Restructuring costs included severance related to workforce reductions, contract termination and other exit costs from the strategic closure of production and distribution facilities and the subsequent relocation of equipment and inventory, and fees to the third-party that assisted with the development and implementation of the plan. We do not expect any additional costs related to these plans.

16



Income Taxes
A summarized reconciliation of the statutory federal income tax rate to the effective tax rate follows:
 
 
2012
 
2011
 
2010
Statutory federal income tax rate
 
35.0
 %
 
35.0
%
 
35.0
%
Valuation allowance
 
(34.1
)
 
2,238.6

 
(19.8
)
Other
 
(7.2
)
 
20.4

 
58.0

Effective tax rate
 
(6.3
)%
 
2,294.0
%
 
73.2
%
The effective tax rate for 2011 was significantly impacted by an adjustment to establish a valuation allowance against substantially all of our net deferred tax assets except for approximately $21 million related to the pension liability.  After evaluating all positive and negative evidence regarding the potential realization of our deferred tax assets, we concluded that a valuation allowance is necessary primarily based on cumulative losses in recent years and current year actuarial pension losses.  Because of the cumulative losses in recent years, the Company is not relying on forecasts of future taxable income to realize any U.S. deferred tax assets.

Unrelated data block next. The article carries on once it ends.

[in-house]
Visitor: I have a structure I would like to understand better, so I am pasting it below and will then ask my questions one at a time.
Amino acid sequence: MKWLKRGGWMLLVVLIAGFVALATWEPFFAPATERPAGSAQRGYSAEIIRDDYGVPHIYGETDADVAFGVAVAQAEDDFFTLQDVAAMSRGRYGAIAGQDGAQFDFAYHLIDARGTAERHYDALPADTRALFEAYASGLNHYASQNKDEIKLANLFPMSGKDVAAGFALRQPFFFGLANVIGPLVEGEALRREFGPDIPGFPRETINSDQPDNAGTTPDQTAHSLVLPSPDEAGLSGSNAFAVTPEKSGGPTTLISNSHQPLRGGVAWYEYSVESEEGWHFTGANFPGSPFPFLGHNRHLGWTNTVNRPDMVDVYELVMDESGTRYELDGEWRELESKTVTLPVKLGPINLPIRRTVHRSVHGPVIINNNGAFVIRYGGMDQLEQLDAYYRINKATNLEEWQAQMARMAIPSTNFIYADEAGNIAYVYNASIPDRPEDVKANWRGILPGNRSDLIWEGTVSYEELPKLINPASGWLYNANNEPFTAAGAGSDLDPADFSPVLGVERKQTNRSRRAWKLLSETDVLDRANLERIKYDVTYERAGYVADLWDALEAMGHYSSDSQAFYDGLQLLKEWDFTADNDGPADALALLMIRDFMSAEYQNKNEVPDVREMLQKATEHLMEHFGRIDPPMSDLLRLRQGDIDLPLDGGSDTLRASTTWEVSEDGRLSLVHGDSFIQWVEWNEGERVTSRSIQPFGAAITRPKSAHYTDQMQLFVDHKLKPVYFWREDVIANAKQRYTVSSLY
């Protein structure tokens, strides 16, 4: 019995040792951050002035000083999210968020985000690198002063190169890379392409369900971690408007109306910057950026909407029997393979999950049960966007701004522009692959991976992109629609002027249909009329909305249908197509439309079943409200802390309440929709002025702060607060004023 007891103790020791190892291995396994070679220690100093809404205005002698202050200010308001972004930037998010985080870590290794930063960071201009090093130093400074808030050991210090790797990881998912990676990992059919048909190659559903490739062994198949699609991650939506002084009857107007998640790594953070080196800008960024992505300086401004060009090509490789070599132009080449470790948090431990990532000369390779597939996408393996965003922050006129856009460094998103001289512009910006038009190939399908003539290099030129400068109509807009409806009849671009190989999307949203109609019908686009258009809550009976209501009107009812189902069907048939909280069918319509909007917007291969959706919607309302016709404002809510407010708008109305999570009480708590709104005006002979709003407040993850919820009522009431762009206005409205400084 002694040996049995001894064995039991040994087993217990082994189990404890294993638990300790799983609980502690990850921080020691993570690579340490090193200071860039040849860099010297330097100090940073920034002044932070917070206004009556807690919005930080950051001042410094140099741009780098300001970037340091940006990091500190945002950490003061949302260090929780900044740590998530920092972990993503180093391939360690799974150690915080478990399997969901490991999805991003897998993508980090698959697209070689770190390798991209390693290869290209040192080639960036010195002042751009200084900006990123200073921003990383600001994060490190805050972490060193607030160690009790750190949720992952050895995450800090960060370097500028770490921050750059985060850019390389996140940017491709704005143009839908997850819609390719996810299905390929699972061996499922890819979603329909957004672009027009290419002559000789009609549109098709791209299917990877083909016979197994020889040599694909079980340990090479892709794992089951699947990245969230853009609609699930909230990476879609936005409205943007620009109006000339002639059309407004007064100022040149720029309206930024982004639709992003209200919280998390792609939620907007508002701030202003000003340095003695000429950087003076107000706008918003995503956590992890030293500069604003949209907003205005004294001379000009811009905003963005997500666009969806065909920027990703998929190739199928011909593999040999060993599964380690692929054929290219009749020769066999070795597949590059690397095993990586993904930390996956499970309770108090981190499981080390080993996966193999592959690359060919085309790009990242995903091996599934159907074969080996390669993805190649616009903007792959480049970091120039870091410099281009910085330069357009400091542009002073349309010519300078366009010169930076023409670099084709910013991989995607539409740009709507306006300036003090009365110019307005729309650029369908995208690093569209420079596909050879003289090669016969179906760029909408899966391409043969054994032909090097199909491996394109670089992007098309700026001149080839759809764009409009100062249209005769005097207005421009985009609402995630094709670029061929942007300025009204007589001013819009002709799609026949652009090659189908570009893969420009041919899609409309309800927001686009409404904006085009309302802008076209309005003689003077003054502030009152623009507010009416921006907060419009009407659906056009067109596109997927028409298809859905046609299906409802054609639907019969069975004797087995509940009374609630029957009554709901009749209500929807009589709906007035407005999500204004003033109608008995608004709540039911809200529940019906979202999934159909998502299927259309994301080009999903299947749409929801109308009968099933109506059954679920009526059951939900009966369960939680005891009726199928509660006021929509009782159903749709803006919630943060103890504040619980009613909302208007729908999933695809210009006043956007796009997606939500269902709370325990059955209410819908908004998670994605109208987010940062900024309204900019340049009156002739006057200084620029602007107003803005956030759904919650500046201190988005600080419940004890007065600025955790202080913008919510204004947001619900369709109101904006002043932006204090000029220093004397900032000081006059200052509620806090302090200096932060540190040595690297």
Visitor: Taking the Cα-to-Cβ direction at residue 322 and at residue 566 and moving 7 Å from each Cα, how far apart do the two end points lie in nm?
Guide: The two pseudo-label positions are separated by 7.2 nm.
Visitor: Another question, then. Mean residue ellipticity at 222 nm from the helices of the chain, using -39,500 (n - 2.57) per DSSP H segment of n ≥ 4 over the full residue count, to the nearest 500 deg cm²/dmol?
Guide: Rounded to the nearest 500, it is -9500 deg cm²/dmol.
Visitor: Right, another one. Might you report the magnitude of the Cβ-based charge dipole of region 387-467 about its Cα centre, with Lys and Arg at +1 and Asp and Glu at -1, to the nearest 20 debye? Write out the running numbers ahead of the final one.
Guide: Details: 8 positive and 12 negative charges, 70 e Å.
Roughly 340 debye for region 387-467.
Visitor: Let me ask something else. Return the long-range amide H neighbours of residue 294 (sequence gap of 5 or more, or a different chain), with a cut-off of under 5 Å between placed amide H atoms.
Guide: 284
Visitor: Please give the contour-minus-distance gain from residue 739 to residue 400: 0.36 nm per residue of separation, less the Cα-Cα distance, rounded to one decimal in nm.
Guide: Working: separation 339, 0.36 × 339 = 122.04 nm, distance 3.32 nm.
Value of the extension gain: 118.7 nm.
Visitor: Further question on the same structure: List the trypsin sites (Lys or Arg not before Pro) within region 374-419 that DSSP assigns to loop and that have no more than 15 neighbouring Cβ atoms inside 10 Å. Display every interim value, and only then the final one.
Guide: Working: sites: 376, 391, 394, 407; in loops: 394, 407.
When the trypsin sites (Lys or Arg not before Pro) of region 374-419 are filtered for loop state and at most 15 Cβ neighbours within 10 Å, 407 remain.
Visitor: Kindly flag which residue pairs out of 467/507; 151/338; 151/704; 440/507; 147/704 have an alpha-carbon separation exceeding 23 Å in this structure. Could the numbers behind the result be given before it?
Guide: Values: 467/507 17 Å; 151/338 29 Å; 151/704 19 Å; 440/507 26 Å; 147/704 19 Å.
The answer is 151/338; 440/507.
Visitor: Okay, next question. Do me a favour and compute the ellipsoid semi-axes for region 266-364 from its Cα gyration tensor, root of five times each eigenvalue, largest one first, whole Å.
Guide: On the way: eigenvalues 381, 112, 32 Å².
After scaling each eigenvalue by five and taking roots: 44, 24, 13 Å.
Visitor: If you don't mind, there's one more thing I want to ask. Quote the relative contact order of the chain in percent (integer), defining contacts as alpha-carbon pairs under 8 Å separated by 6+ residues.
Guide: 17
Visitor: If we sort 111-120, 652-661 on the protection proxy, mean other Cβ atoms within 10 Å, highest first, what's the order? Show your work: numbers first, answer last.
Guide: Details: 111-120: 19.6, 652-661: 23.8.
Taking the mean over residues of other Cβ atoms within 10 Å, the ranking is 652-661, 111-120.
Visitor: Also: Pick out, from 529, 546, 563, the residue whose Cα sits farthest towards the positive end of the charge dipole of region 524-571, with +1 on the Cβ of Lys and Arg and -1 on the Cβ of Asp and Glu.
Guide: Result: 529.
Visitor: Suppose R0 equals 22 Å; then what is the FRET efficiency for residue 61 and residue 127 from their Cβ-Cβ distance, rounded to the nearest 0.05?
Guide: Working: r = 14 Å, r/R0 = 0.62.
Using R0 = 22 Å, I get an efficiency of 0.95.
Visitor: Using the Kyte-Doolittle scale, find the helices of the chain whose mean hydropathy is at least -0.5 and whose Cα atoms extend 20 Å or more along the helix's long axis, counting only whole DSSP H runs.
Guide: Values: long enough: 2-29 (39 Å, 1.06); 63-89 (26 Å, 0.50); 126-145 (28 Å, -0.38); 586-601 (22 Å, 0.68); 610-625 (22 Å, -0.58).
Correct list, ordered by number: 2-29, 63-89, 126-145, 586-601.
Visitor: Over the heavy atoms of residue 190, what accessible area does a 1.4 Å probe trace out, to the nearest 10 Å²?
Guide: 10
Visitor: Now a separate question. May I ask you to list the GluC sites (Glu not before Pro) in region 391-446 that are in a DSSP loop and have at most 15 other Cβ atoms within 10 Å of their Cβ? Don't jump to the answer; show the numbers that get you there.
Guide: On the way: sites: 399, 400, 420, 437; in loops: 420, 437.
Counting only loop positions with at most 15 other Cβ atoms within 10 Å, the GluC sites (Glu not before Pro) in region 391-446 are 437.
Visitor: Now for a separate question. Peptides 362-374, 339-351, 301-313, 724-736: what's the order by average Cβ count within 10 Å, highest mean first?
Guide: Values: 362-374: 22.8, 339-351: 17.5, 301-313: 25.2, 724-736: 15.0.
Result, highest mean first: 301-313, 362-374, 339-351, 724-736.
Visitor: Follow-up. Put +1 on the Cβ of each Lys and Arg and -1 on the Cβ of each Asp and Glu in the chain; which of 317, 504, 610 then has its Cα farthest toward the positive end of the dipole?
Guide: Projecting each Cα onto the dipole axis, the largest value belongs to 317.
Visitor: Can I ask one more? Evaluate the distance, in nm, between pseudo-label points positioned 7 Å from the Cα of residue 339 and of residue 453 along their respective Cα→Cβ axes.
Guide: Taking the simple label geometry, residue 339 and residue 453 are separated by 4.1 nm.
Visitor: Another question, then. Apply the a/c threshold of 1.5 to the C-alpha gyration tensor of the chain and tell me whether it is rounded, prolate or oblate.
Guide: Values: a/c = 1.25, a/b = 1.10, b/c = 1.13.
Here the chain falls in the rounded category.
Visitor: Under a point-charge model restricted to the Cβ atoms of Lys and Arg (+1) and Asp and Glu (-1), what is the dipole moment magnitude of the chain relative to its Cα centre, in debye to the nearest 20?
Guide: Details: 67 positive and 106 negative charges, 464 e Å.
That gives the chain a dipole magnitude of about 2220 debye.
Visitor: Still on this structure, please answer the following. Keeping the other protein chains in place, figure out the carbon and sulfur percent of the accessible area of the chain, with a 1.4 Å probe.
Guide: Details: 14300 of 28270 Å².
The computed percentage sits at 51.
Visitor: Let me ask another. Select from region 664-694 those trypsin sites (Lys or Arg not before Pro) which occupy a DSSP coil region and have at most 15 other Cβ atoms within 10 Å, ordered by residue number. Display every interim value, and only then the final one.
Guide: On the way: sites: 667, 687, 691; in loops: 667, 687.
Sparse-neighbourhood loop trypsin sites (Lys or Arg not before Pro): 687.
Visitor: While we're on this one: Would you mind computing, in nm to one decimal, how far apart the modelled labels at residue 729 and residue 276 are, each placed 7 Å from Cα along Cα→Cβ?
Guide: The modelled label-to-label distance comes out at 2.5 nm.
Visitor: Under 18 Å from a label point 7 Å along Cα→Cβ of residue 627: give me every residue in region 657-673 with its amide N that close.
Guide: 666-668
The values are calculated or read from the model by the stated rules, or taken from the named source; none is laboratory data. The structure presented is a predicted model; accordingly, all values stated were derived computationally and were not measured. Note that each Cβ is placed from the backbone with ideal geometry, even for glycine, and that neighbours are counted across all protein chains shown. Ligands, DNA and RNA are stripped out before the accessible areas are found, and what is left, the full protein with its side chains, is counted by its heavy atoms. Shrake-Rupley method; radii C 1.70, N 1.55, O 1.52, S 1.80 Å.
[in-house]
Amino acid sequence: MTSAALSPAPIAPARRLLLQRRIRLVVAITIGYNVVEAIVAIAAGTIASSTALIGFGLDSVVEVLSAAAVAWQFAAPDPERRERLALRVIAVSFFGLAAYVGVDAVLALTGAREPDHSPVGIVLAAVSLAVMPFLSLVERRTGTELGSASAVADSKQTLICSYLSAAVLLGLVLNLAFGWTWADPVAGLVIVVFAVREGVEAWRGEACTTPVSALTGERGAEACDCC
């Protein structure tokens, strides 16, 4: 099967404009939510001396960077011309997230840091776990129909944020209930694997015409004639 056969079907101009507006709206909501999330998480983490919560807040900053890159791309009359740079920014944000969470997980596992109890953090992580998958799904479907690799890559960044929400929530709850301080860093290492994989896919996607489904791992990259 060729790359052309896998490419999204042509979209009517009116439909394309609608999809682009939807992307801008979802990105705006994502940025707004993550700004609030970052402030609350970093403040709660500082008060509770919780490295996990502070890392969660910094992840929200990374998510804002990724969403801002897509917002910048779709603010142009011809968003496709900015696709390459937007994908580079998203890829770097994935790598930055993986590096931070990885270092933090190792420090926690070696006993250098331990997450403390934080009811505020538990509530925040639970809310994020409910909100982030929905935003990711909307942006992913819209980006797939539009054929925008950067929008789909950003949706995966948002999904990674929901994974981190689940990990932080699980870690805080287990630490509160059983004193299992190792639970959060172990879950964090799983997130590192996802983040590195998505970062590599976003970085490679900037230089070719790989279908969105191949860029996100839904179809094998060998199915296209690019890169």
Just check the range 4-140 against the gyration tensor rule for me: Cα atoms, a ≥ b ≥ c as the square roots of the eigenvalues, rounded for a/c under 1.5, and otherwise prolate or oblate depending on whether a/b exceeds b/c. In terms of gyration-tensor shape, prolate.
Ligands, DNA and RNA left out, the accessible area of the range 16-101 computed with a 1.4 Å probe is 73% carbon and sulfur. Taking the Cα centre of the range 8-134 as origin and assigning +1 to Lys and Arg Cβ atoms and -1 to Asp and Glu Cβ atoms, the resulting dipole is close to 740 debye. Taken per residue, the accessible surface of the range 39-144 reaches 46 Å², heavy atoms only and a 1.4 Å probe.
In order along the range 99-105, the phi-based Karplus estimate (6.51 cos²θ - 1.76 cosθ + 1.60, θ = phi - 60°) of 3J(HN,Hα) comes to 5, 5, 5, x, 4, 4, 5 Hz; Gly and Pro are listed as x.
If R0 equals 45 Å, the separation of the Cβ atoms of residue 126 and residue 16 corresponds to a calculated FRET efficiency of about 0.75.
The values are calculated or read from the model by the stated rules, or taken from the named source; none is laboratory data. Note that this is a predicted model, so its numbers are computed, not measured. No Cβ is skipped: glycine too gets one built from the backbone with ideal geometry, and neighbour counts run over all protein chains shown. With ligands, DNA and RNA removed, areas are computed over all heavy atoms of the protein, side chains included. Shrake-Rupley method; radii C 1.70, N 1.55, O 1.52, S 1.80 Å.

Because of the valuation allowance against our deferred tax assets, there was no federal or state income-based tax expense or benefit in 2012. Tax expense for 2012 reflects foreign taxes in Mexico and state tax liabilities derived from a tax base other than net income.
Segment Operating Results
Management evaluates the results of its segments on the basis of operating income and excludes items listed in the reconciliation in Note 16 - Segment Reporting of the Notes to Financial Statements. This non-GAAP information is not meant to be considered in isolation or as a substitute for results prepared in accordance with accounting principles generally accepted in the United States. A complete description of our reportable segments is included in Item 1, “Business.”
Since the January 2012 restructuring announcement, we analyzed our operations, organizational structure, and portfolio of products and services and, as a result, we combined the Commercial Markets, Financial Services, and Industrial business units into one consolidated business unit, Business Solutions.
We re-evaluated our reportable segments based upon the new management structure, our internal reporting, and how our chief operating decision maker evaluates performance and allocates resources. As a result, we determined that the Company now manages and reports its businesses in the following two reportable segments: